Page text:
Welcome back! This is the second in a series of posts for beginning gardeners. If you missed the first installment, you can go to it here.
Gardening was not an easy road for me. I didn’t grow up gardening and I just thought all food came from the grocery store and why did you need to grow anything. My husband grew up around his grandparents and great-grandparents large farm gardens so he expected the same. My advice here is purely that, advice. I’m using what I have learned along this journey to help guide you in yours.
1. How Big of a Garden Should I Grow? My advice here is to start small. The first time I decided to garden I did about 20 different pots on our porches. They did great for awhile, but it became too many for me to take care of properly. I didn’t have the habit of taking care of them regularly. That takes time. My advice would be to start small. It will grow exponentially in the future as you get a handle on it all, and learn each season.
2. Where Are You Going To Put A Garden? Depending on the space you need and the time you have you need to determine if you are going to have a container garden, raised beds, or an actual plot. Again, small is best to start. Most vegetables need 6 to 10 hours of sun (whether direct or indirect), so even though you have this beautiful spot under a tree in the backyard, nothing is really going to grow there and you’ll just end up feeding your local backyard creatures.
3. What Should I Plant? Stick with hardy vegetables your first foray. In my area, spring is good for lettuces, radishes, and spinach. Summer veggies that are easy are tomatoes, peppers (bell and jalapenos), herbs (basil, rosemary, sage, oregano, peppermint), and if you have the room zucchini or summer squash.
4. Should I Start From Seed or From a Plant? Personally, we start all of ours by seed, indoors. However, we have been doing this for a while and have an intricate indoor growing set up (some neighbors thought we were growing pot a few years back). If you are just starting, finding a good source of plants and just buying and planting them is probably the best solution. It is a little more expensive, but you’ll yield the best results and be more likely to continue gardening in the future.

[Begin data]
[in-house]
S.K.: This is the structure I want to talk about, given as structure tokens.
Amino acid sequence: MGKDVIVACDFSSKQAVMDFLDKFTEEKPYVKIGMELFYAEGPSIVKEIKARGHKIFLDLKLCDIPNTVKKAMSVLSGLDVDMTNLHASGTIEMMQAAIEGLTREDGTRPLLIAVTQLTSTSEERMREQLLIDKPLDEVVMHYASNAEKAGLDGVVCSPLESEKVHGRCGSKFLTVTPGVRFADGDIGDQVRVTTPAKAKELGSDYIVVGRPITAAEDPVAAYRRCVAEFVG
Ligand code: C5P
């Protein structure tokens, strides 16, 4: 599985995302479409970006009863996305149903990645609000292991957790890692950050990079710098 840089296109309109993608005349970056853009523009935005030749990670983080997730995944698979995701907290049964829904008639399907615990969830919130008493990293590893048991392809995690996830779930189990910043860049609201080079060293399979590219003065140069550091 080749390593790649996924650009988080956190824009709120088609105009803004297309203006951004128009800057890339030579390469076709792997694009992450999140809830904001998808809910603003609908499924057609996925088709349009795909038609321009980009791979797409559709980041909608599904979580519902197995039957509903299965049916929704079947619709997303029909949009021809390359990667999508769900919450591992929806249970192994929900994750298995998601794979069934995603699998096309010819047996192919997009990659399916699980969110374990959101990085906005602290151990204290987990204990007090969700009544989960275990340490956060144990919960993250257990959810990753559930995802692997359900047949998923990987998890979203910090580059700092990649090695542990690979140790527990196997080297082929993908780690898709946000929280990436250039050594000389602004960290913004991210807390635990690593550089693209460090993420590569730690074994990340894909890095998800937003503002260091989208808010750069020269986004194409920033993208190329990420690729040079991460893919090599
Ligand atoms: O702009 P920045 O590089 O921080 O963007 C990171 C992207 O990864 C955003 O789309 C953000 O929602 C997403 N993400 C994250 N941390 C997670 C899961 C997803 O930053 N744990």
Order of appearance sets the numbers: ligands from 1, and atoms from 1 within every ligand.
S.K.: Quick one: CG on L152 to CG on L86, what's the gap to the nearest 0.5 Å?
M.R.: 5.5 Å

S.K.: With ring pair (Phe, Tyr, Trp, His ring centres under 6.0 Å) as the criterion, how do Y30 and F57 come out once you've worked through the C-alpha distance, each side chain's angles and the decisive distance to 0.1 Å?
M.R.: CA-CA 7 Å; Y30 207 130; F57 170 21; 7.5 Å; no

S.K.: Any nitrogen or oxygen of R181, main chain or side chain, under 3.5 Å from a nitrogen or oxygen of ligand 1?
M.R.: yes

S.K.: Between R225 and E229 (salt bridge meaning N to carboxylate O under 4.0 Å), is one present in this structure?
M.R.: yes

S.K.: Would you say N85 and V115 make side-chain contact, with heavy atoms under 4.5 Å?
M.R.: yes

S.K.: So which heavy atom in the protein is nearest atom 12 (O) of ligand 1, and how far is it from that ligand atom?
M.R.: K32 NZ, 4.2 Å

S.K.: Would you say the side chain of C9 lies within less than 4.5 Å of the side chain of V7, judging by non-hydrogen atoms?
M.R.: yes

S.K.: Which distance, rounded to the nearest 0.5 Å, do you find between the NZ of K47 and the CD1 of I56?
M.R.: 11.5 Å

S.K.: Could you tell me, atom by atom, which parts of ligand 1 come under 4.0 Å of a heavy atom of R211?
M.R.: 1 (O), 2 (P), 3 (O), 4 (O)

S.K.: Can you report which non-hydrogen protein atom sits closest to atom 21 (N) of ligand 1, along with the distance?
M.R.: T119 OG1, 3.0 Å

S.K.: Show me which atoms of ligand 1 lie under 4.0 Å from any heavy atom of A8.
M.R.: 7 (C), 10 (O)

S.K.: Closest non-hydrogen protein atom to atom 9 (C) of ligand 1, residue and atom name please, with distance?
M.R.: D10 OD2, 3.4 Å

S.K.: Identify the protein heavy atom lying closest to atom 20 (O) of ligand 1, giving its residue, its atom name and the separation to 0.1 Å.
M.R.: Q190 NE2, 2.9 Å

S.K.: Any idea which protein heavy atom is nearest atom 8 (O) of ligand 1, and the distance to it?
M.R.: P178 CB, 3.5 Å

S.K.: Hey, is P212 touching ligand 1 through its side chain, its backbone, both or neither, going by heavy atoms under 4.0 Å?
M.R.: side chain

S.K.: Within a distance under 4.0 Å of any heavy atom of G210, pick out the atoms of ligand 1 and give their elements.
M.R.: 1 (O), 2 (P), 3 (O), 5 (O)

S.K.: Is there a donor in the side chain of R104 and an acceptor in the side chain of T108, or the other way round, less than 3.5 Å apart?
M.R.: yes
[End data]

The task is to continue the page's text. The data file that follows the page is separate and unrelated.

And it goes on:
5. When Should I Start Planting? It all depends on what zone you are in. To find out you can go here and find which zone you land in. In that link it will also give you a planting schedule as well as a list of what grows best in your area. This year I wanted to plant ginger, however I’m on the line of zone 6 and 7 and it grows best in zones 8-11, so I’ll just have to decide if I want to try it.
What Are We Doing? Our plans are to continue our acre gardening area, as well as we have two raised beds up next to the house on the west side. In our raised beds we will do climbing spinach, rosemary, basil, oregano, sage, chives, and lemongrass. We might add a few heirloom specialty varieties of tomato or cucumber as well as a salad mix. Out at the farm in our large garden space we grow garlic, onions, potatoes, corn, broccoli, cabbage, cauliflower, tomatoes, asparagus, jalapenos, hatch chiles, cayenne peppers, bell peppers, summer squash, zucchini, and spaghetti squash.
Word of Advice. If this is your first year, don’t go crazy. Gardening takes time and discipline. You have to make the time to care for your plants, not just when you plant and harvest. It takes time to form those habits and if you do too much you’ll be overwhelmed and more likely to give up.
Next Up: Preparing Soil and Other Ways to Get Your Garden Ready!